Back Story: Dr. Tariq Ramadan, a prominent Muslim academic and writer, announced that he was going to boycott the ISNA and RIS conferences this year. His contention with ISNA was that they were not doing enough to speak out against policies that adversely affected American Muslims, and with RIS that they were supportive of Sufi speakers that gave theological and popular cover for undemocratic leaders in the Muslim world. His follow up interview is here.
ISNA and their supporters responded here and here saying that they did speak truth to power, and not being at the table meant that their voice (and subsequently that of American Muslims) would not be heard at all.
RIS has said little so far.
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So where does that leave you? Well, that is for you to work out, but as someone who is an intrigued bystander (I am not particularly a fan of any of the parties involved and do not live in North America) I thought I would share some of my thoughts.
1. Public Boycotts and Private Advice
One of the main points of contention from the ISNA/RIS supporters is the manner in which the advice was given – publicly rather than in private. There is an argument to be made about giving advice privately. However, when the mistake is public, or on public policy by those in authority, then it may create greater fitna to advise in private. It leads to a lack of trust by the general Muslim public in both parties – the group deemed to be in the wrong (for not giving them a chance to explain themselves publicly) and the group that are advising (for being supposedly silent).
We saw this when a ṣaḥābi publicly scolded Umar for having twice the amount of garments from the war booty on as compared to everyone else. This act of publicly taking the leadership to task had a two-fold benefit – Umar was afforded the chance to explain that his son had given him his share, and the Muslim public were reassured that there was no corruption at the heart of the Caliphate.
2. When Leaders and the Public Differ on Strategy
ISNA argued quite strongly that the strategy of ‘engage at all costs’ is the only correct way forward. Any other strategy would be pointless and counter-productive. This ignores the fact that, sometimes, leaders need to accept a strategy that they believe to be flawed in order to preserve the unity and loyalty of their community.
The Prophet himself showed us this when he accepted the younger ṣaḥābah’s desire to fight at Uhud instead of defending from Madinah (as was his preferred option) in a council. Even though it turned out the Prophet was right, and the decision led to the tragedy of Uhud, it prevented a greater tragedy of disillusionment and disunity amongst the ṣaḥābah at a critical juncture.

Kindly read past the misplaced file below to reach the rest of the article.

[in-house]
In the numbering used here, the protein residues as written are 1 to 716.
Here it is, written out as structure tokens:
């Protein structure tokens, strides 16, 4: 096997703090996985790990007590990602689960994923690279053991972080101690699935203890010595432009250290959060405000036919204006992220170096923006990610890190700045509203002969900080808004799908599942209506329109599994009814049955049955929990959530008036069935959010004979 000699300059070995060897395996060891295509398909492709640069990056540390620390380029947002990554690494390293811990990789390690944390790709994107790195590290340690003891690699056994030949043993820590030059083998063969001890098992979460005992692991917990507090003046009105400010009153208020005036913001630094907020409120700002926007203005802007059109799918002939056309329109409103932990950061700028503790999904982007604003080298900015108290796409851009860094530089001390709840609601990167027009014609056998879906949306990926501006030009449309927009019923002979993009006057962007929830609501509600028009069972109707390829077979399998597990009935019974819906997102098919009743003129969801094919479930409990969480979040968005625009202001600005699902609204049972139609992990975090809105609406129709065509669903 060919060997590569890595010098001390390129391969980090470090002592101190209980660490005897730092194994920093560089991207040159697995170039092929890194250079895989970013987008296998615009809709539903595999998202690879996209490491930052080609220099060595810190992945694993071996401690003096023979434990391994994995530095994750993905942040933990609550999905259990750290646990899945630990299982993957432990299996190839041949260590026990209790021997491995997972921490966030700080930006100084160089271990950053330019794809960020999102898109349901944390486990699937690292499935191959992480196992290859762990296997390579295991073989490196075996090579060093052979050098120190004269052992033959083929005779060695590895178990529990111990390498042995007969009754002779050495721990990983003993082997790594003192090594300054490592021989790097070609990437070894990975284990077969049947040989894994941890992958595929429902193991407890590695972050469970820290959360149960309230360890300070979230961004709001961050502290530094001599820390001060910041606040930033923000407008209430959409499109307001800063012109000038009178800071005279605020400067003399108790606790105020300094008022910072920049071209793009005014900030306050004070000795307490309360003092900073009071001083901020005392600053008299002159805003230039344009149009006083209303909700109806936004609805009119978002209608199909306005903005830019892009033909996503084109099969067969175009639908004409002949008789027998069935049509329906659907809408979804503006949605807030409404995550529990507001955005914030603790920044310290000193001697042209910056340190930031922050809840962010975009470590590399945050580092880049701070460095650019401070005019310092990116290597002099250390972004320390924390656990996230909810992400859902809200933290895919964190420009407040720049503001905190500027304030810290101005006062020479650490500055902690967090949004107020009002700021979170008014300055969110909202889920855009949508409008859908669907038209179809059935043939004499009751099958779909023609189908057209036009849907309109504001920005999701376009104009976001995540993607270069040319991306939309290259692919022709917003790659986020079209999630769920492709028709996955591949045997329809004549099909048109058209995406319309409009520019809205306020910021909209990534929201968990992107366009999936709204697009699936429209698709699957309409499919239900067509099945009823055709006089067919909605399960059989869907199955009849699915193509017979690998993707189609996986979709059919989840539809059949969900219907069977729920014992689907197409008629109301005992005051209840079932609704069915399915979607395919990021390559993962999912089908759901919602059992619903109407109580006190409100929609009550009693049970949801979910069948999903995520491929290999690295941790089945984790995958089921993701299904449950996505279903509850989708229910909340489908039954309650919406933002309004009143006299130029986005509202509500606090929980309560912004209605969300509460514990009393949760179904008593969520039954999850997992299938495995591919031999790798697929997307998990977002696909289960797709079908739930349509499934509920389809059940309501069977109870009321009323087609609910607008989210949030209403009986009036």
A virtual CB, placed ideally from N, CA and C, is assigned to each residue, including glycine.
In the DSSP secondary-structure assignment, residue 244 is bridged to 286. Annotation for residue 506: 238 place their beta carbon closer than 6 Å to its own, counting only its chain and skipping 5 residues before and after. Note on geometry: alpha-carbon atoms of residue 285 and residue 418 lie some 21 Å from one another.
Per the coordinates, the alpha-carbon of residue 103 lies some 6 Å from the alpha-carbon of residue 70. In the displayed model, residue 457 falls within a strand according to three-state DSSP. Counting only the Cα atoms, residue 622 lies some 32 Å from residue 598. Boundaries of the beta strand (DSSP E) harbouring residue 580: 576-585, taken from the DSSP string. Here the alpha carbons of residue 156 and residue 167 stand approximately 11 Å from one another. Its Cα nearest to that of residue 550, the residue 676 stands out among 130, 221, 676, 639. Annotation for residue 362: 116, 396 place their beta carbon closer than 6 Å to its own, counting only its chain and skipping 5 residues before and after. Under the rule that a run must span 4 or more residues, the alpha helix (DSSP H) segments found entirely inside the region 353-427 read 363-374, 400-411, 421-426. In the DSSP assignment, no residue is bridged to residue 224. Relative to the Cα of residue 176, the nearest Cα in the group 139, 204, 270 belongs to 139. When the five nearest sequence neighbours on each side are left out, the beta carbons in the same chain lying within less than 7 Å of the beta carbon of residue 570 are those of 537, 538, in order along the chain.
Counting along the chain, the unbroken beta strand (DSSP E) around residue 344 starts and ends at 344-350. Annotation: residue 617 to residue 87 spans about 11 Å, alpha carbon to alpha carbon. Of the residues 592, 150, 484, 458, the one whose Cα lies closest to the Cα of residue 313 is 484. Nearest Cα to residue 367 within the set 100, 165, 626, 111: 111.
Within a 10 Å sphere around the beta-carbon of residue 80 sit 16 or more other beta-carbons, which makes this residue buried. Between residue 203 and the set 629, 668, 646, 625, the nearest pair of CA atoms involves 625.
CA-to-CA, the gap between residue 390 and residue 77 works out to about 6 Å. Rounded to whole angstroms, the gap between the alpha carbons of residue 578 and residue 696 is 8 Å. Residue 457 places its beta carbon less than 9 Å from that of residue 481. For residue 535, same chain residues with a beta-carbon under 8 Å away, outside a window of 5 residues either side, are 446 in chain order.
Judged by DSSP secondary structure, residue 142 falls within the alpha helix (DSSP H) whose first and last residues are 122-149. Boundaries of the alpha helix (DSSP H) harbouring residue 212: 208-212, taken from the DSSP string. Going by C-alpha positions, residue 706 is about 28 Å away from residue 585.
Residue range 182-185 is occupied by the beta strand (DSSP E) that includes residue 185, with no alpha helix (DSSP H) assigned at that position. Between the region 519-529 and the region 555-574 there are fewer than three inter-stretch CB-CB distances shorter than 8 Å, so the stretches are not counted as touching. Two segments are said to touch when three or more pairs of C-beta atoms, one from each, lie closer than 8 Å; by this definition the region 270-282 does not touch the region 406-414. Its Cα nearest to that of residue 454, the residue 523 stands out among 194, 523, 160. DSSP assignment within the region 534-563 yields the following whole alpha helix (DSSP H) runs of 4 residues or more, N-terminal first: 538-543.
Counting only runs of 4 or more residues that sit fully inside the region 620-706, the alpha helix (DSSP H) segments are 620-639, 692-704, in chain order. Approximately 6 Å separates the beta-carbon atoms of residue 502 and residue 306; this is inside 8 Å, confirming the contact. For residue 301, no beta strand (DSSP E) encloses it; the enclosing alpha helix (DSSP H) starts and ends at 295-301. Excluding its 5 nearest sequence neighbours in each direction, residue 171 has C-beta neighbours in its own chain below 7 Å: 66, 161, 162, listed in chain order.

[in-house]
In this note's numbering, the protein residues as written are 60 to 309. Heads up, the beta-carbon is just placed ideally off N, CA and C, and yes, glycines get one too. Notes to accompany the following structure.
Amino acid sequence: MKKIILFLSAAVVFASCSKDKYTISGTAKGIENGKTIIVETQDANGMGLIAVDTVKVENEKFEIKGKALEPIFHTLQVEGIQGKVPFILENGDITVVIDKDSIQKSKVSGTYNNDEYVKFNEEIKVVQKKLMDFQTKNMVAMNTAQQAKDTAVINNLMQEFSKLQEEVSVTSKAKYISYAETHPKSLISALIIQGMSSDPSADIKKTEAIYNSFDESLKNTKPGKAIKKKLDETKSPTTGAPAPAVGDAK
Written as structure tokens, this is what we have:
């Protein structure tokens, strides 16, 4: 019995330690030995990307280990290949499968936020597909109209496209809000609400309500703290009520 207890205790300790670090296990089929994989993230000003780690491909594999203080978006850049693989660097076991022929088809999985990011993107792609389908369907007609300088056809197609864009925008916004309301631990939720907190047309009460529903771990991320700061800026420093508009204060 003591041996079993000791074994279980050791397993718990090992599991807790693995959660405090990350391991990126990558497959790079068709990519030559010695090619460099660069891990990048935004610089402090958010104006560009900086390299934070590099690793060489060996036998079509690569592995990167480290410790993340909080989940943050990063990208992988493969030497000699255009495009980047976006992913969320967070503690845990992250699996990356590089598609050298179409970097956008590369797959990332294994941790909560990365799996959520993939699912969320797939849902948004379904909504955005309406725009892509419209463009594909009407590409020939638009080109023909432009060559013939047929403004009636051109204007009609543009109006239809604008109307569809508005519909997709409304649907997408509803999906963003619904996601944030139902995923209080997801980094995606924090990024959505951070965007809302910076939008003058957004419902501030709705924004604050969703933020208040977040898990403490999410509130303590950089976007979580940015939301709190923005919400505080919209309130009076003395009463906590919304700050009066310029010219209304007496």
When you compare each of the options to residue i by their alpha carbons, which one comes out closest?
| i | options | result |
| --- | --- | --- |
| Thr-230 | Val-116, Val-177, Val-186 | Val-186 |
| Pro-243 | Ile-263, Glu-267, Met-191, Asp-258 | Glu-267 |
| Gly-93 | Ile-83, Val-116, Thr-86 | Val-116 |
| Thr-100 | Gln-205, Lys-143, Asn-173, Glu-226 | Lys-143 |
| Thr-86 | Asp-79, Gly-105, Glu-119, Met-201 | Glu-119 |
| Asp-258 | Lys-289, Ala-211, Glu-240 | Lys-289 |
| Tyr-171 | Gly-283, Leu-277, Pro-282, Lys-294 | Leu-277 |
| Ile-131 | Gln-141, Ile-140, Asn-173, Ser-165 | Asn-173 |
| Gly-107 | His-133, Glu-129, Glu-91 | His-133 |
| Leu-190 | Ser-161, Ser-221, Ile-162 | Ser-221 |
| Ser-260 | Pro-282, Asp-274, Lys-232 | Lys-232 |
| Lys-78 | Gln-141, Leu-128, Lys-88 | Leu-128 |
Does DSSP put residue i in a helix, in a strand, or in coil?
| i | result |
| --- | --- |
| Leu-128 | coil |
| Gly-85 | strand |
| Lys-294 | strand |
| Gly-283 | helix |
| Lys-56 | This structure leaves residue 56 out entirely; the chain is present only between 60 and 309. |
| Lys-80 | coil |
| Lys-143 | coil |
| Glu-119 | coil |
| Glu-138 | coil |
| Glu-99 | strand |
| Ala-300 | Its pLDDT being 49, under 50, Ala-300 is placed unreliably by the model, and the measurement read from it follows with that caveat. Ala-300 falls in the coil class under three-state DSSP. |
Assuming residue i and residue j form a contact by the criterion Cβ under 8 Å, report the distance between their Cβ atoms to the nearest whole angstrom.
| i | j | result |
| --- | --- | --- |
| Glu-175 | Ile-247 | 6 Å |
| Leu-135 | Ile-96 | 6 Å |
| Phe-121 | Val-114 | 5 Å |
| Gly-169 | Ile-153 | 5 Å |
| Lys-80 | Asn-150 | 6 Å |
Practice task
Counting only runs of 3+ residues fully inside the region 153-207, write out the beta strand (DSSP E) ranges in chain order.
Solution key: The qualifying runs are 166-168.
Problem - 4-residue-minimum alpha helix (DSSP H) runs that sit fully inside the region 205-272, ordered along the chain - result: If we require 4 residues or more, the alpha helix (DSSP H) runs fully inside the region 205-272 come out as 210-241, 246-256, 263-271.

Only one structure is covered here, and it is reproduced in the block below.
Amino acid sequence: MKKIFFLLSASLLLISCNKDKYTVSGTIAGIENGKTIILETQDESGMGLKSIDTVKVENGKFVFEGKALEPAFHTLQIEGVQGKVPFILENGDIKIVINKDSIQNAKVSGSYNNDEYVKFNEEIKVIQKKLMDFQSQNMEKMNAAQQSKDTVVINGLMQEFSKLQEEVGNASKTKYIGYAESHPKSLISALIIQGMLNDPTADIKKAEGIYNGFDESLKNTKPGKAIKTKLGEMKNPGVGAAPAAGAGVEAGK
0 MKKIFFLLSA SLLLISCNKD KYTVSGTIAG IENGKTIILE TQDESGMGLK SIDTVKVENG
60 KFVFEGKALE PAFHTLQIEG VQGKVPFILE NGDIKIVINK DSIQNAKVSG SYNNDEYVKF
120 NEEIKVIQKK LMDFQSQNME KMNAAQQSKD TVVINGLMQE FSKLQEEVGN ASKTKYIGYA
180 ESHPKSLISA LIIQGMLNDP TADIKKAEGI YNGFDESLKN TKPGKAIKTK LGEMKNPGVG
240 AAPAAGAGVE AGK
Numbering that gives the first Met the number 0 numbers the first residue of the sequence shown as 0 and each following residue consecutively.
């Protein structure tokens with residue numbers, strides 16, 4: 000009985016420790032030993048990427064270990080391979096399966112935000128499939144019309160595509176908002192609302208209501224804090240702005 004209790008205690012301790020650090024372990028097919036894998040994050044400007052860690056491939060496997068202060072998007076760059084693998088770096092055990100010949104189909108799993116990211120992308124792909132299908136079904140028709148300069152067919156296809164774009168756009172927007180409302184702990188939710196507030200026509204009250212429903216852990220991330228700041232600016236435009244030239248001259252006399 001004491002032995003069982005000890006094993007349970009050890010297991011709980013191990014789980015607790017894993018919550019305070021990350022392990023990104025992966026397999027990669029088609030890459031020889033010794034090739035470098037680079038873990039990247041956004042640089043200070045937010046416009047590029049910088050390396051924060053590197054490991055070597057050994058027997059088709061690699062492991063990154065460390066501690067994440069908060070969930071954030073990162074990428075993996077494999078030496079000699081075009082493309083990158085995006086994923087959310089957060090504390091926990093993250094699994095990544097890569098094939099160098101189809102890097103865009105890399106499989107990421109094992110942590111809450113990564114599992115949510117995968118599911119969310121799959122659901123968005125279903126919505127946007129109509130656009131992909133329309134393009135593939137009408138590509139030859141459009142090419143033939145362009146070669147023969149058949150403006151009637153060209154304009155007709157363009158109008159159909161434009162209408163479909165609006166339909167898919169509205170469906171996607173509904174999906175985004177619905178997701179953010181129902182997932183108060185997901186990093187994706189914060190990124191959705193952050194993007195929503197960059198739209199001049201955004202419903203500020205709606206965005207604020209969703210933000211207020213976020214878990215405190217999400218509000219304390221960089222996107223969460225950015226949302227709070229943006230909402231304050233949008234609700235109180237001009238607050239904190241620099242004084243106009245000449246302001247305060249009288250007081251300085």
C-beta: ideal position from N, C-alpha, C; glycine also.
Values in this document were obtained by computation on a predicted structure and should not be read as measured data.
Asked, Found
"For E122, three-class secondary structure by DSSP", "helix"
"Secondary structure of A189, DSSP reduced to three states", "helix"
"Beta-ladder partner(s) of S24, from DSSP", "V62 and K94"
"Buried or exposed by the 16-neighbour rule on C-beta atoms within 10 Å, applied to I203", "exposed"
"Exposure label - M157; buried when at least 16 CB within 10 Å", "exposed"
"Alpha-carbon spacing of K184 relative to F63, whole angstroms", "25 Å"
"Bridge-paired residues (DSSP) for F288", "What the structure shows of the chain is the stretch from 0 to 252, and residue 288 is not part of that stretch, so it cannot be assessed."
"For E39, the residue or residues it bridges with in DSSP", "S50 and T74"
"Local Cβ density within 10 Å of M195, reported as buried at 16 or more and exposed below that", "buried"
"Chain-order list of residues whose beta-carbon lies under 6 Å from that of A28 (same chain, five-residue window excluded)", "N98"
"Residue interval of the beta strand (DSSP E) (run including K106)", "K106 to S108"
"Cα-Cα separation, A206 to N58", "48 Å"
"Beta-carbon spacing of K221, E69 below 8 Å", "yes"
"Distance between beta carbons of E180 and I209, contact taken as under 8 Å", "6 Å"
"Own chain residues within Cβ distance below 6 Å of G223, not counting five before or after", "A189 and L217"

3. Misrepresentation or Oversimplification?
Looking at this debate, I’m struck by how one side is oversimplifying the discourse into a stark message of engage or don’t engage, when in fact it is the parameters of how and who to engage with that is being questioned. Honesty about this crucial fact (i.e. the opposing view has some valid basis and is worthy of consideration) is vital.
When Caliph Uthman and Abu Dharr disagreed about the corrupting influence of the vast amounts of wealth that had been flooding Madinah – they each stated their cases without stereotyping or oversimplifying the other. Uthman was of the opinion that it was not the quantity of money but whether or not it had been purified by zakāh and sadaqah that was important. Abu Dharr feared that even ostensibly purified wealth would corrupt the egalitarian spirit of Madinah. Whilst the ṣaḥābah didn’t agree on everything, they didn’t oversimplify each other’s views in order to avoid engaging in serious and honest debate… and neither should we.
4. When Scholars are Made into Leaders
The broader issue is there is a serious debate going on about how the Muslim community should deal with the many challenges it faces. This requires leaders to forge a clear strategy, after gaining the confidence and loyalty of the community.
Instead, we find ourselves in a situation where scholars/imams are being made into surrogates for leaders. Although the two are not mutually exclusive, they are not the same thing. This is where the problem – and the potential solution – lies, in my opinion.
A leader (or leaders) need to arise that can articulate a vision for Muslims in the West, and in America — a vision that balances the need for engagement with the maintenance of dignity; a vision that unites different factions and methodologies; a vision that inspires hope and a unity of purpose, not just a uniformity of views.
These are just some of my thoughts… what are yours? Share them below.
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